Warty dyskeratoma

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Warty dyskeratoma

Warty dyskeratoma, also known as an Isolated dyskeratosis follicularis,[1]: 777  is a benign[2] epidermal proliferation with distinctive histologic findings that may mimic invasive squamous cell carcinoma[3] and commonly manifests as an umbilicated (Having a central mark or depression resembling a navel) lesion with a keratotic plug,[4] WD have some histopathologic similarities to viral warts but it's not caused by HPV and the majority of these lesions display overall histopathologic features consistent with a follicular adnexal neoplasm.[5] Usually limited to the head, neck,[6] scalp[7] or face and vulva.[6] Lesions are generally solitary and sporadic and may be associated with a follicular unit. Oral involvement,[4] particularly the hard palate, and genital involvement have been reported. it can also be thought of as one of the manifestations of focal acantholytic dyskeratosis, an epidermal reaction pattern that can be seen in several disorders, including Darier's disease and Grover's disease.[8]: 639  But the main Difference between Darier disease and Warty dyskeratoma, is that Darier disease inherited dermatosis (autosomal dominant) consisting of multiple keratotic papules on the face, trunk, and extremities, while WD occurs as an isolated, noninherited, single keratotic nodule mainly confined to the head and neck as mentioned earlier.[6]

Multiple warty dyskeratomas-a,b)Large invagination is connected to the surface c,d) villi at the base of invagination with acantholytic, dyskeratotic cells e,f) villi are covered with a single layer of cells

Warty dyskeratoma must be differentiated from vulvar dysplasia, Bowenoid papulosis, squamous carcinoma, condyloma, and other viral-induced squamous lesions.[6]

See also


  1. Freedberg, et al. (2003). Fitzpatrick's Dermatology in General Medicine. (6th ed.). McGraw-Hill. ISBN 0-07-138076-0.
  2. Diallo M, Cribier B, Scrivener Y (2007). "[Warty dyskeratoma: infundibular histogenesis. Anatomoclinical study of 43 cases]". Ann Dermatol Venereol (in français). 134 (8–9): 633–6. doi:10.1016/S0151-9638(07)91823-2. PMID 17925685.{{cite journal}}: CS1 maint: url-status (link)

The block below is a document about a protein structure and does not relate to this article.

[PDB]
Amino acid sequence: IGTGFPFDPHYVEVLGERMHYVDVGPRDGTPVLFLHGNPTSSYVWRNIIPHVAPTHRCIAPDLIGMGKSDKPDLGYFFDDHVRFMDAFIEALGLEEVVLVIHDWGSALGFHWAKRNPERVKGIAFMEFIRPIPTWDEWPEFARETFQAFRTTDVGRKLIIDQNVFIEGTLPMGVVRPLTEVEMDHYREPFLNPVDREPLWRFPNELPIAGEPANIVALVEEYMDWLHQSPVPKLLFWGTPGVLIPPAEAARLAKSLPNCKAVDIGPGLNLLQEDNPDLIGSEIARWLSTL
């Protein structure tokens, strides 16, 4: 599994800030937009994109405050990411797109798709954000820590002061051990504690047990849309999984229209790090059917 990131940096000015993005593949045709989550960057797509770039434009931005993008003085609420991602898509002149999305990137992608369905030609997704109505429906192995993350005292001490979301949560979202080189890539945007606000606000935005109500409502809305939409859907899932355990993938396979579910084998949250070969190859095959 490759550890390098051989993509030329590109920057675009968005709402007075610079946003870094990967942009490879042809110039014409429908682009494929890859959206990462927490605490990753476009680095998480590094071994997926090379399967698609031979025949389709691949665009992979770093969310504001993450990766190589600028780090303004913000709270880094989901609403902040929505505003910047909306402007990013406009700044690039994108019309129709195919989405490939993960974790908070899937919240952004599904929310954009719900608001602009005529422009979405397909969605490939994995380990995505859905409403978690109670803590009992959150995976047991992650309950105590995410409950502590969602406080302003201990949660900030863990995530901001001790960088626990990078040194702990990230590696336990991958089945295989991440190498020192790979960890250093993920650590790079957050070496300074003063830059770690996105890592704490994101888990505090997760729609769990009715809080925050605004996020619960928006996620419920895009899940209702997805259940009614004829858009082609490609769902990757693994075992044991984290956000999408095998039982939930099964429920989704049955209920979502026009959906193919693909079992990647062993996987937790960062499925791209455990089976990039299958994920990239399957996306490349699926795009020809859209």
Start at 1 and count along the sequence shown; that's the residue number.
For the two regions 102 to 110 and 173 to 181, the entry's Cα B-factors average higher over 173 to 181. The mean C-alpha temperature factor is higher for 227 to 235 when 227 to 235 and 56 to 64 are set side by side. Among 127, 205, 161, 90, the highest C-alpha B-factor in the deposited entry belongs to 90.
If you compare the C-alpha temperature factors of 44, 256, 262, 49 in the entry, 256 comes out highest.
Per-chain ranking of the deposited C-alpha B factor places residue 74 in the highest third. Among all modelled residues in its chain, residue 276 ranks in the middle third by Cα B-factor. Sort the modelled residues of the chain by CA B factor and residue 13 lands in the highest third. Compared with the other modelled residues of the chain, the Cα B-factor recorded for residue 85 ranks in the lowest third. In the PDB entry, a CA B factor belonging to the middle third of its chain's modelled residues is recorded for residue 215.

3. Chau MN, Radden BG (October 1984). "Oral warty dyskeratoma". Journal of Oral Pathology and Medicine. 13 (5): 546–56. doi:10.1111/j.1600-0714.1984.tb01455.x. PMID 6434720.
  4. 4.0 4.1 Kaugars GE, Lieb RJ, Abbey LM (March 1984). "Focal oral warty dyskeratoma". Int. J. Dermatol. 23 (2): 123–30. doi:10.1111/j.1365-4362.1984.tb05686.x. PMID 6698687.
  5. Kaddu S, Dong H, Mayer G, Kerl H, Cerroni L (September 2002). "Warty dyskeratoma--"follicular dyskeratoma": analysis of clinicopathologic features of a distinctive follicular adnexal neoplasm". J. Am. Acad. Dermatol. 47 (3): 423–8. doi:10.1067/mjd.2002.122756. PMID 12196754.
  6. 6.0 6.1 6.2 6.3 Duray PH, Merino MJ, Axiotis C (1983). "Warty dyskeratoma of the vulva". Int. J. Gynecol. Pathol. 2 (3): 286–93. doi:10.1097/00004347-198303000-00006. PMID 6642851.
  7. Griffiths TW, Hashimoto K, Sharata HH, Ellis CN (July 1997). "Multiple warty dyskeratomas of the scalp" (PDF). Clin. Exp. Dermatol. 22 (4): 189–91. doi:10.1111/j.1365-2230.1997.tb01059.x. hdl:2027.42/75672. PMID 9499610. Archived from the original on 2022-04-11. Retrieved 2021-10-09.
  8. James, William D.; Berger, Timothy G.; et al. (2006). Andrews' Diseases of the Skin: clinical Dermatology. Saunders Elsevier. ISBN 0-7216-2921-0.